They called him "Cap the Knife."
Big budgets didn't intimidate Caspar Weinberger. After all, he'd been the state finance director for California. Washington ran pretty much the same way. "You just had to add about nine zeros to everything," he said.
Weinberger earned his nickname during the Nixon administration. As head of the Office of Management and Budget and then the Department of Health, Education, and Welfare, he tried to shave a few zeros off big-ticket programs.
When Cap returned to D.C. as President Reagan's secretary of defense, old hands gaped at how often "Dr. No" said yes to amped-up defense budgets. He even emerged as a fervent supporter of the Strategic Defense Initiative, Reagan's "Star Wars" program that birthed missile defense.
Cap's turnaround was not hard to explain. Under Nixon, domestic spending had to be fixed. Wildly expanded under LBJ, it had become wasteful to the point that it was a drag on the economy. Under Reagan, defense spending had to be fixed: It had shrunk to the point that national security was in jeopardy.
"[W]e were losing the respect and support of our allies because of the Carter administration's erratic policies," Weinberger recalled. "Both our allies and the Soviets suspected we lacked the conventional military strength -- and perhaps the will -- to prevent a Soviet advance into Western Europe."
The Reagan era-recapitalization of defense made both dollars and sense. The investments started under Weinberger ensured an adequately trained and ready force for the next 20 years.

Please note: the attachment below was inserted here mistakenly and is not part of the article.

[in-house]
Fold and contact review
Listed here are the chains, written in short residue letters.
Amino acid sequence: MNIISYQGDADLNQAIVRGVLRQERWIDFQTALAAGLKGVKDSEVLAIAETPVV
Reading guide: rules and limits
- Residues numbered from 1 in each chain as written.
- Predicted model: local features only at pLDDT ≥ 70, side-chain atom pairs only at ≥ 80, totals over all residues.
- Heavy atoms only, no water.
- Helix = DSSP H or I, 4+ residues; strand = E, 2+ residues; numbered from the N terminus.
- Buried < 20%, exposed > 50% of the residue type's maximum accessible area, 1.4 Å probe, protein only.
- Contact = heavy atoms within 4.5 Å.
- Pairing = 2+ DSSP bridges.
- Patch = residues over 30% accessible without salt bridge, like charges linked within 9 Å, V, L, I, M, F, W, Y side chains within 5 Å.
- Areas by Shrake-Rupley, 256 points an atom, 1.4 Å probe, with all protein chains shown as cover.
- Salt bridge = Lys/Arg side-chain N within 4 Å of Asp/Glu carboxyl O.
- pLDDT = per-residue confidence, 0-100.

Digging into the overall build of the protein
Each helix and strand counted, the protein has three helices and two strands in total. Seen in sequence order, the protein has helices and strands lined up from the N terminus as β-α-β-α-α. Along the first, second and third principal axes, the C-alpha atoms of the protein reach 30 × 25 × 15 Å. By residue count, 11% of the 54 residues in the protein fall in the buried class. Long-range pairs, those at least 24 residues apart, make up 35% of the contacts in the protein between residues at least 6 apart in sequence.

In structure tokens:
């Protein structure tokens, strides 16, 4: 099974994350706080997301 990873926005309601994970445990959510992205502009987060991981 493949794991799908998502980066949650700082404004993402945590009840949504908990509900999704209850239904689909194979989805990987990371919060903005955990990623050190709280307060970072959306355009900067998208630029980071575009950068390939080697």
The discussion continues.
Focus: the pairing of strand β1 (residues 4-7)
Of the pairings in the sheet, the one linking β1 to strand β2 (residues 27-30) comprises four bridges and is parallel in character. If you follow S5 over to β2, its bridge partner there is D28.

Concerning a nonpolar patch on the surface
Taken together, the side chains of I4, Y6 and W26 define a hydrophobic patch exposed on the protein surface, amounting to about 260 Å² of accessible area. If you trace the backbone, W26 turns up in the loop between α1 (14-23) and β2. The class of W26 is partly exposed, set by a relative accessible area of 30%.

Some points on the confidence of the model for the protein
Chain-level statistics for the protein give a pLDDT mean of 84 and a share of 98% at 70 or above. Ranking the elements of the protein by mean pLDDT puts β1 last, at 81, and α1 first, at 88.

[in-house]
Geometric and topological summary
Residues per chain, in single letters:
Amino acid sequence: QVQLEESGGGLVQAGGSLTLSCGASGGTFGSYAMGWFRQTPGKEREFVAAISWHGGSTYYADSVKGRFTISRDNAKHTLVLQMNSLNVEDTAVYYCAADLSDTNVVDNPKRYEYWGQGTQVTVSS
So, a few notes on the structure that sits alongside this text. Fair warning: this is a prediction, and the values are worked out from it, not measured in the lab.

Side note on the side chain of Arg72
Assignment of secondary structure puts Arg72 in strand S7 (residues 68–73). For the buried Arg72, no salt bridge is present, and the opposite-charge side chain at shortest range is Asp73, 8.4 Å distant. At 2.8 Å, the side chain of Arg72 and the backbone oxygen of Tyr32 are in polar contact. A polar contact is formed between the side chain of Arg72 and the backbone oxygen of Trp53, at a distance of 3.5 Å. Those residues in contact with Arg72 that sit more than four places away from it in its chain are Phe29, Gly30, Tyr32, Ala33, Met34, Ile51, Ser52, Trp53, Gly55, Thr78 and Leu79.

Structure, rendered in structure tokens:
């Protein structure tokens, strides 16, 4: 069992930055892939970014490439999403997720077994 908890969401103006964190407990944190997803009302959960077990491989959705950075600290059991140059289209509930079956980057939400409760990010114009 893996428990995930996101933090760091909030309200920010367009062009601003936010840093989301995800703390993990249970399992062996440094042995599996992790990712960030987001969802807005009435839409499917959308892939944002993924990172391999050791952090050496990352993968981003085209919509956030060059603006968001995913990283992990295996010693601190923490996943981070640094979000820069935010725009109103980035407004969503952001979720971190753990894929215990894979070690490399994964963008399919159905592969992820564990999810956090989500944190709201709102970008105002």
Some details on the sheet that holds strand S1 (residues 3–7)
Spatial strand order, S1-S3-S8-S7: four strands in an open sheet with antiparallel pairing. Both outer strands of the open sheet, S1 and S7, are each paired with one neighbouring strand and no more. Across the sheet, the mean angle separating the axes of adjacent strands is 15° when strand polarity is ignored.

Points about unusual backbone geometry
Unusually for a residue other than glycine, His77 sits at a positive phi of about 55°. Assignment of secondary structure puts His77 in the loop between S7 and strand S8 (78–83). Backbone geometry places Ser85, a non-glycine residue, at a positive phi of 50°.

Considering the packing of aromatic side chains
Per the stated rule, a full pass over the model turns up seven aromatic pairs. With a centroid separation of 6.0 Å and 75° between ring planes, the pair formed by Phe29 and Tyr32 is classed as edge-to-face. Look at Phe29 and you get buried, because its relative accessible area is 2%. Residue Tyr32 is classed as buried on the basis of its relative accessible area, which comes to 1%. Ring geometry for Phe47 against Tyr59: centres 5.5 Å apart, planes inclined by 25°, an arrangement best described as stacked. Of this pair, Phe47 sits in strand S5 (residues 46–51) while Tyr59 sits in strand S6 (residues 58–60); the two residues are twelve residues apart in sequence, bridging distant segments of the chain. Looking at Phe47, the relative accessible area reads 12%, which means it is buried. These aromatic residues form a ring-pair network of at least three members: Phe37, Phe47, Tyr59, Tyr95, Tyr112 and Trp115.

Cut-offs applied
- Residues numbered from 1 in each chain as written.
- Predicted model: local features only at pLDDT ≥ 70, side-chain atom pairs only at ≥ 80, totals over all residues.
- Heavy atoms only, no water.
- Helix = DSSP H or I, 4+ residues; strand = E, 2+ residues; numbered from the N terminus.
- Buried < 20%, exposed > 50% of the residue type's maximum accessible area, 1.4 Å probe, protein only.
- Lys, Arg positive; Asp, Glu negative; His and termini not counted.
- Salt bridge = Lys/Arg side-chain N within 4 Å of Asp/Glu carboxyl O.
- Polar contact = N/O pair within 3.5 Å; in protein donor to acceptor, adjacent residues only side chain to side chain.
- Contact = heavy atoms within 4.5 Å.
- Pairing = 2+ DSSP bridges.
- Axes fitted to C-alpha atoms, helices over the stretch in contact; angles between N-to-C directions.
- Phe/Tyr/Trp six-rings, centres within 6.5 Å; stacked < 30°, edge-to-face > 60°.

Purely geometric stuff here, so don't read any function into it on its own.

Since the 1990s, presidents have trimmed investments in modernization and capacity while cashing in on the force built before they took command.
Our newest secretary of defense, Chuck Hagel, seems poised to turn this story on its head. Rather than invest in the military to meet strategic requirements, Hagel appears to be more than ready to crank out military strategies driven by an imperative to cut spending first.
This will surely leave us with a Carter-like force -- less ready, less capable and far more expensive to fix when foes try to exploit this self-imposed weakness.
Hagel has launched a short-term "strategic choices and management review." Despite the encouraging title, most observers view the initiative as a directive simply to develop a plan for implementing the severe "sequester" cuts directed by the Budget Control Act of 2011 -- rather than a call to lay out the strategic choices -- and risks -- associated with various spending reductions.
Fueling the speculation was the fact that Hagel put the office of Cost Assessment and Program Evaluation in charge of the exercise. CAPE's job is to evaluate cost-effectiveness and alternative programs for getting the best balance of cost and performance.
CAPE is a number-cruncher. CAPE doesn't do strategy. Hagel can count on CAPE to put a happy face on sequester-size defense budgets.
Even more worrisome was Hagel's announcement that CAPE's assessment would provide the foundation for the Quadrennial Defense Review. The QDR is supposed to be a long-term assessment of missions, capabilities, threats and resource requirements -- not a rubber stamp for budget cutting.
It certainly looks like the secretary is putting the accountants ahead of the strategists. Times have really changed.
When Cap the Knife arrived at the Pentagon, he took off his accountant's green eyeshades and became a strategist. But now that Hagel has settled behind that desk, he has put on blinders.
Budget-driven defense strategies always wind up wasting money in the long run and leaving us less secure. Hagel's start creates grave doubt that he will leave a 20-year legacy of trained and ready forces.
Examiner Columnist James Jay Carafano is vice president for defense and foreign policy studies at the Heritage Foundation.